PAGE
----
Sun Lore of All Ages, by William Tyler Olcott, , at sacred-texts.com
p. 266 p. 267
NOWHERE in the study of ancient rites and customs is the sun's influence on human affairs in greater evidence than in the ceremonials attending the burial of the dead.
The funeral rites of all people reveal the universal belief that the east is the source of all that men hold dear, light, life, warmth, and happiness, while the west, on the contrary, is said to be the abode of darkness, death, cold, and sorrow. The worship of the Sun cultivated and strengthened this idea, and down through the ages the influence of this belief has swept, retaining even to-day much of its ancient force and vigour.
According to Tylor 1: "It seems to be the working out of the solar analogy on the one hand in death at sunset, on the other in new life at sunrise, that has produced two contrasted rules of burial
which agree in placing the dead in the sun's path, the line of east and west."
It is said that the body of Christ was laid with the head toward the west, that the risen Lord might face the eastern realm of eternal life and glory, and the Christian custom that sprang from this belief led to the usage of digging graves east and west, which prevailed through mediæval times, and is common with us to-day.
In the twenty-fourth chapter of St. Matthew's gospel we read: "For as the lightning cometh out of the east, and shineth even unto the west; so shall also the coming of the Son of man be." Prom the literal interpretation of these words there arose the belief that Jesus would, at the resurrection, appear from the east, and hence that those buried with their faces upward and their heads to the west, would be in readiness to stand up with their faces toward their Judge.
Swift alludes to this custom in the account of Gulliver's voyage to Lilliput, where he says: "The inhabitants bury their dead with their heads directly downward because they hold an opinion, that in eleven thousand moons they are all to rise again, in which period the earth, which they conceive to be flat, will turn upside down, and by this means they shall at their resurrection be found ready standing on their feet."
Sir Walter Raleigh referred to this superstition when he stood on the scaffold, and was about to be executed. After forgiving his executioner, there was a discussion as to the way he should face, some saying he should face the east. Raleigh then remarked: "So the heart be straight it is no matter which way the head lieth."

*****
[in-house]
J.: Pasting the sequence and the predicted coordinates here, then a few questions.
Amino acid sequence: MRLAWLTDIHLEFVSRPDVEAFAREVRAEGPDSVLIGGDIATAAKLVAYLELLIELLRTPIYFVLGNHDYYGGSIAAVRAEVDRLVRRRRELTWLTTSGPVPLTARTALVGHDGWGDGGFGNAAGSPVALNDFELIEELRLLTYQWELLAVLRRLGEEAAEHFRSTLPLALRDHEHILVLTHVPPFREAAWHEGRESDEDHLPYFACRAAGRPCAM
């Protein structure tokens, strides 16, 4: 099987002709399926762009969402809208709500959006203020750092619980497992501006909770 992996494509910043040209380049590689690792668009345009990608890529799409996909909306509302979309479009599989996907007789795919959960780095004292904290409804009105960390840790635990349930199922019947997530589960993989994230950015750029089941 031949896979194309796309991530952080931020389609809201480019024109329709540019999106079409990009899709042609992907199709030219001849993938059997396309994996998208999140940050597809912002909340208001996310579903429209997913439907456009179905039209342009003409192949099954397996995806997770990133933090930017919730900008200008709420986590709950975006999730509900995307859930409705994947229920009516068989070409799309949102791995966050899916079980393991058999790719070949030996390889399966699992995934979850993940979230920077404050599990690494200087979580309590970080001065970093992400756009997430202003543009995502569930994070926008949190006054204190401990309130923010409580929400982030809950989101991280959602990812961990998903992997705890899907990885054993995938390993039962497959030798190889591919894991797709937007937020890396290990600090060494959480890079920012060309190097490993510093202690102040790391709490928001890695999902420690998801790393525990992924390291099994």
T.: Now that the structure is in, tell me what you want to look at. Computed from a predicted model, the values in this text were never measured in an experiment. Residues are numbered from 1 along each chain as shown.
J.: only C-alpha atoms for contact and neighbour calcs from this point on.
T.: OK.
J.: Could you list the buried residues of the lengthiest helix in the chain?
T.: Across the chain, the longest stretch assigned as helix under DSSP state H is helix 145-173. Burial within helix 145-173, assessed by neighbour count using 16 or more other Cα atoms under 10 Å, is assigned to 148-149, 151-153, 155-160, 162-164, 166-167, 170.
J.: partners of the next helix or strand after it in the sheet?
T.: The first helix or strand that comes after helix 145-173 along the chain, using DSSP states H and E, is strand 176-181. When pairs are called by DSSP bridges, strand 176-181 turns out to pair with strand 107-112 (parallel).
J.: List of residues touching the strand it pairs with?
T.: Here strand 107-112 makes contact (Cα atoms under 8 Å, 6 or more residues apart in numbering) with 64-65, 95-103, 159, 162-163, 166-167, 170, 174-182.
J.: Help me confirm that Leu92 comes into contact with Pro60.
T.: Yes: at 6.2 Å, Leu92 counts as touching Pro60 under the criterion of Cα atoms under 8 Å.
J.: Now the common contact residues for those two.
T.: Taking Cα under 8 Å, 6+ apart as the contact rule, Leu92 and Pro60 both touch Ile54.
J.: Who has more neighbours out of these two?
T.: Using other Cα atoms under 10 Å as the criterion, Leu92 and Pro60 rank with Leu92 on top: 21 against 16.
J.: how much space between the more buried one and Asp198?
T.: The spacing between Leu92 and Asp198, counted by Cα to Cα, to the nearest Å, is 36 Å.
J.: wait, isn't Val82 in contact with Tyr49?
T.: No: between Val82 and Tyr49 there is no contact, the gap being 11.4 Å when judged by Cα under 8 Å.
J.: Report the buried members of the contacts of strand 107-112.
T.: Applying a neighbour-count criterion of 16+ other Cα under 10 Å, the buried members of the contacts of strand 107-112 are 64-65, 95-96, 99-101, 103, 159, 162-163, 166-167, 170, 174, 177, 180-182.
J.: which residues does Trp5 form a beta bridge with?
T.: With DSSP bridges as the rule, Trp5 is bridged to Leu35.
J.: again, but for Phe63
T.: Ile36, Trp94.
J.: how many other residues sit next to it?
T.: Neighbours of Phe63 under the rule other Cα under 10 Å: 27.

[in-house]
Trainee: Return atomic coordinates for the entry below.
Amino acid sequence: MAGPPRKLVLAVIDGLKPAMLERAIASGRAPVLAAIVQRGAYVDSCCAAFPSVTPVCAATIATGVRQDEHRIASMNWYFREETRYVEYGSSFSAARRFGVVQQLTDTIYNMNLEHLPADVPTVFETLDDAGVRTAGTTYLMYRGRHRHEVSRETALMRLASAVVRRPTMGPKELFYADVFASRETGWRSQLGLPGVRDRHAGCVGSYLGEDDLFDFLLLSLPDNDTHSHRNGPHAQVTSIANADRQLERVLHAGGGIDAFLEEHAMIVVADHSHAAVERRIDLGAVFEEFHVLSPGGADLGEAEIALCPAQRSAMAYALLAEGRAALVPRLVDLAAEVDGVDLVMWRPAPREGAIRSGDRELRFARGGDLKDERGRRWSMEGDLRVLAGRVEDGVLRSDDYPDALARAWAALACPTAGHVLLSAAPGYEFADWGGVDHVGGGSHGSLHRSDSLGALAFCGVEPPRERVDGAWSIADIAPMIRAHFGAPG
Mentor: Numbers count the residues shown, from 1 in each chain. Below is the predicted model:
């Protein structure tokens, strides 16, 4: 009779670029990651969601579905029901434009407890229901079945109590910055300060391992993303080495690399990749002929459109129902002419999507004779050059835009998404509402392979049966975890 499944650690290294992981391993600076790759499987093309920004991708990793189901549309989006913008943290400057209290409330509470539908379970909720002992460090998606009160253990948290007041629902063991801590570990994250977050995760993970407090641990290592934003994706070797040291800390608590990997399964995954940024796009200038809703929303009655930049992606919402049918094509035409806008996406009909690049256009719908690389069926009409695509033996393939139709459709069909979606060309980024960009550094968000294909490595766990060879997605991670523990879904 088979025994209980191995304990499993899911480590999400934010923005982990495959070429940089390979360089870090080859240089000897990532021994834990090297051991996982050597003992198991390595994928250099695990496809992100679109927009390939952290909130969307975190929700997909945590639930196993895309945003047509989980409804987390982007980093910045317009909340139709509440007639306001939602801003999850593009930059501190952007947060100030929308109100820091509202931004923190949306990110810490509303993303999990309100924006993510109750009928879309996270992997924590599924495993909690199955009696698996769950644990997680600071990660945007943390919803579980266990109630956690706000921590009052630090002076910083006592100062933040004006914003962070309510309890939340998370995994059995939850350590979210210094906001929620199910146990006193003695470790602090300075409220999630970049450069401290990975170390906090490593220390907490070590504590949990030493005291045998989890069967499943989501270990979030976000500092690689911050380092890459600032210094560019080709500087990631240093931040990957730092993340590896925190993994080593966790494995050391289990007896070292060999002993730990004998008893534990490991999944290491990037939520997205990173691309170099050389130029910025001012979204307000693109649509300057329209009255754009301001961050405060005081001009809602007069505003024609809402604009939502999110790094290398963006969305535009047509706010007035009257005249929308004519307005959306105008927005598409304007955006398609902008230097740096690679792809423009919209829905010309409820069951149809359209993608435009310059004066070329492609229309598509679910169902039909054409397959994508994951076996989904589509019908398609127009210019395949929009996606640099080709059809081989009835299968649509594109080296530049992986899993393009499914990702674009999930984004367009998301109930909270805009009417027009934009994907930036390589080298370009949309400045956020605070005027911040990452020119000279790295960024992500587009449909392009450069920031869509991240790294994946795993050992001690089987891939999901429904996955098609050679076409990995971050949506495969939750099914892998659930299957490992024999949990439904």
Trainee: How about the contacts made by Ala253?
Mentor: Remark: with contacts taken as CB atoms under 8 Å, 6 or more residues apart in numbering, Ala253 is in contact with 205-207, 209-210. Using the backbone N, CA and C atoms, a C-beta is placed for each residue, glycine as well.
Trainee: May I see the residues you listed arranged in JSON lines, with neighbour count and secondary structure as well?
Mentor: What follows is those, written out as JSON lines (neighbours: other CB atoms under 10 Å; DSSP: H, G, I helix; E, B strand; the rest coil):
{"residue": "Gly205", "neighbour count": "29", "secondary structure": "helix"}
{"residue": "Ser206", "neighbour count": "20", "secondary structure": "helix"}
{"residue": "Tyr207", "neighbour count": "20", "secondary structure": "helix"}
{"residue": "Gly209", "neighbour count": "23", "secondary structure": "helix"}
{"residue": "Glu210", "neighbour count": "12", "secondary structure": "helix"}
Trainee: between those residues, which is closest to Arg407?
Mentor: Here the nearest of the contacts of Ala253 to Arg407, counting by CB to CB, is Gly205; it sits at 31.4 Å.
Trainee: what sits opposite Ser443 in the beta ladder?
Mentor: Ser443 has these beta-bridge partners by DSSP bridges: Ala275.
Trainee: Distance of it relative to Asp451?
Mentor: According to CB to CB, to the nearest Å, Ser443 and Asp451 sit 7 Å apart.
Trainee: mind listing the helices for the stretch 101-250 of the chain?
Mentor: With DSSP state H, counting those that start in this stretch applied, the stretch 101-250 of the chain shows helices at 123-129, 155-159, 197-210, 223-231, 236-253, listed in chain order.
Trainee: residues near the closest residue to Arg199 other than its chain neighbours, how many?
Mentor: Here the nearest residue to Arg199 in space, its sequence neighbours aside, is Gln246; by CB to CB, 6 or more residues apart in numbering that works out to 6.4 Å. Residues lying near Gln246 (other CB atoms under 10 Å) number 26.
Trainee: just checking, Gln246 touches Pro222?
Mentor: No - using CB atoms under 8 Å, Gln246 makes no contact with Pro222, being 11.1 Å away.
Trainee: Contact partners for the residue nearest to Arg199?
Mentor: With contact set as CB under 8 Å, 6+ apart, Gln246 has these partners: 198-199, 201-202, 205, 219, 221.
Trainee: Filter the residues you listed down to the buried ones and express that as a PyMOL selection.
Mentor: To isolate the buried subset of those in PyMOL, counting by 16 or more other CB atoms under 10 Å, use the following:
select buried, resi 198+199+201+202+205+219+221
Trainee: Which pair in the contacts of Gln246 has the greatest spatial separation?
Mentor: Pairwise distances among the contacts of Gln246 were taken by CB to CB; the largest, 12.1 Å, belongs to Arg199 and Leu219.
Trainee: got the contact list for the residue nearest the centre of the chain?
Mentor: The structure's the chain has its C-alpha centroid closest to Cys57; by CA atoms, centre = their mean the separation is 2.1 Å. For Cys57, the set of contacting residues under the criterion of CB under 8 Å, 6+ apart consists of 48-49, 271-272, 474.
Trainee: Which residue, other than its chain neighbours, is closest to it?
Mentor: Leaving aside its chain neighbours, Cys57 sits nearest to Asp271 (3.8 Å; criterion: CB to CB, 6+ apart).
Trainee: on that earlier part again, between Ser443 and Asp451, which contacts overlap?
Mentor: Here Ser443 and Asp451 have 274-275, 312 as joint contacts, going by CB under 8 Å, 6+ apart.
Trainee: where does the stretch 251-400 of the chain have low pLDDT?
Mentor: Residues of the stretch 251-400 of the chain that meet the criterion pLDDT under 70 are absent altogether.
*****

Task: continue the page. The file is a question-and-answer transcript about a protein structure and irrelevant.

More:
The east and west burial custom was practised by the ancient Greeks, and by the natives in some districts of Australia, although the latter people as a rule regarded the west as the abode of departed spirits, and therefore buried their dead facing that quarter.
The native Samoans and Fijians follow the same custom, believing that if the dead are buried with head east and feet west, the body at the resurrection would be in a position to walk straight onward to the abiding-place of the soul.
According to Schoolcraft, the Winnebago Indians buried their dead in a sitting posture with the face west, or at full length with the feet west, in order that they may look toward the happy land in the west. Other Indian tribes, notably the Indians of Kansas, practised this custom.
It was the Peruvian custom to bury the dead huddled up in a sitting posture with their faces turned toward the west, and in the funeral ritual of the Aztecs there is found a description of the
first peril that the shade encountered on its journey to the abode of the dead, which they believed was illuminated by the sun when night enveloped the earth.
On the contrary, the Yumanas of South America were accustomed to bury their dead in a sitting posture facing the east, as they believed that in the east was the home of their supreme deity, who would one day take unto himself all true believers in him. The Guayanos have a similar belief and custom. The modern Ainus of Yezo bury their dead lying robed in white with heads to the east, because that is where the sun rises. The mediæval Tartars raised a great mound over their graves, and placed therein a statue with its face turned eastward.
The Siamese believe that no one should sleep with his head to the west, as that is the position in which the dead are placed at burial. Lady Wilde calls attention to the curious customs, practised at the wake of the Irish peasants, which are derived from the ancient funeral ceremonies of the Egyptians. Particularly is this the case where, during the wake, a man and a woman appeared, one bearing the head of an ox, the other that of a cow. This strange custom is thought to represent the Egyptian gods Isis and Osiris waiting to receive the soul of the dead.
In Wales the east wind is called the "wind of the dead men's feet," and the eastern portion of a churchyard was always regarded as the most honoured part. South, west, and north were next in favour, in their order, and suicides were buried with their heads to the north, as, in taking their own lives, they had forfeited the rights of the orthodox to a burial with face to the east. In rural parts of England it was the custom in ancient times to remark at the funeral service: "The dead ay go wi’ the sun."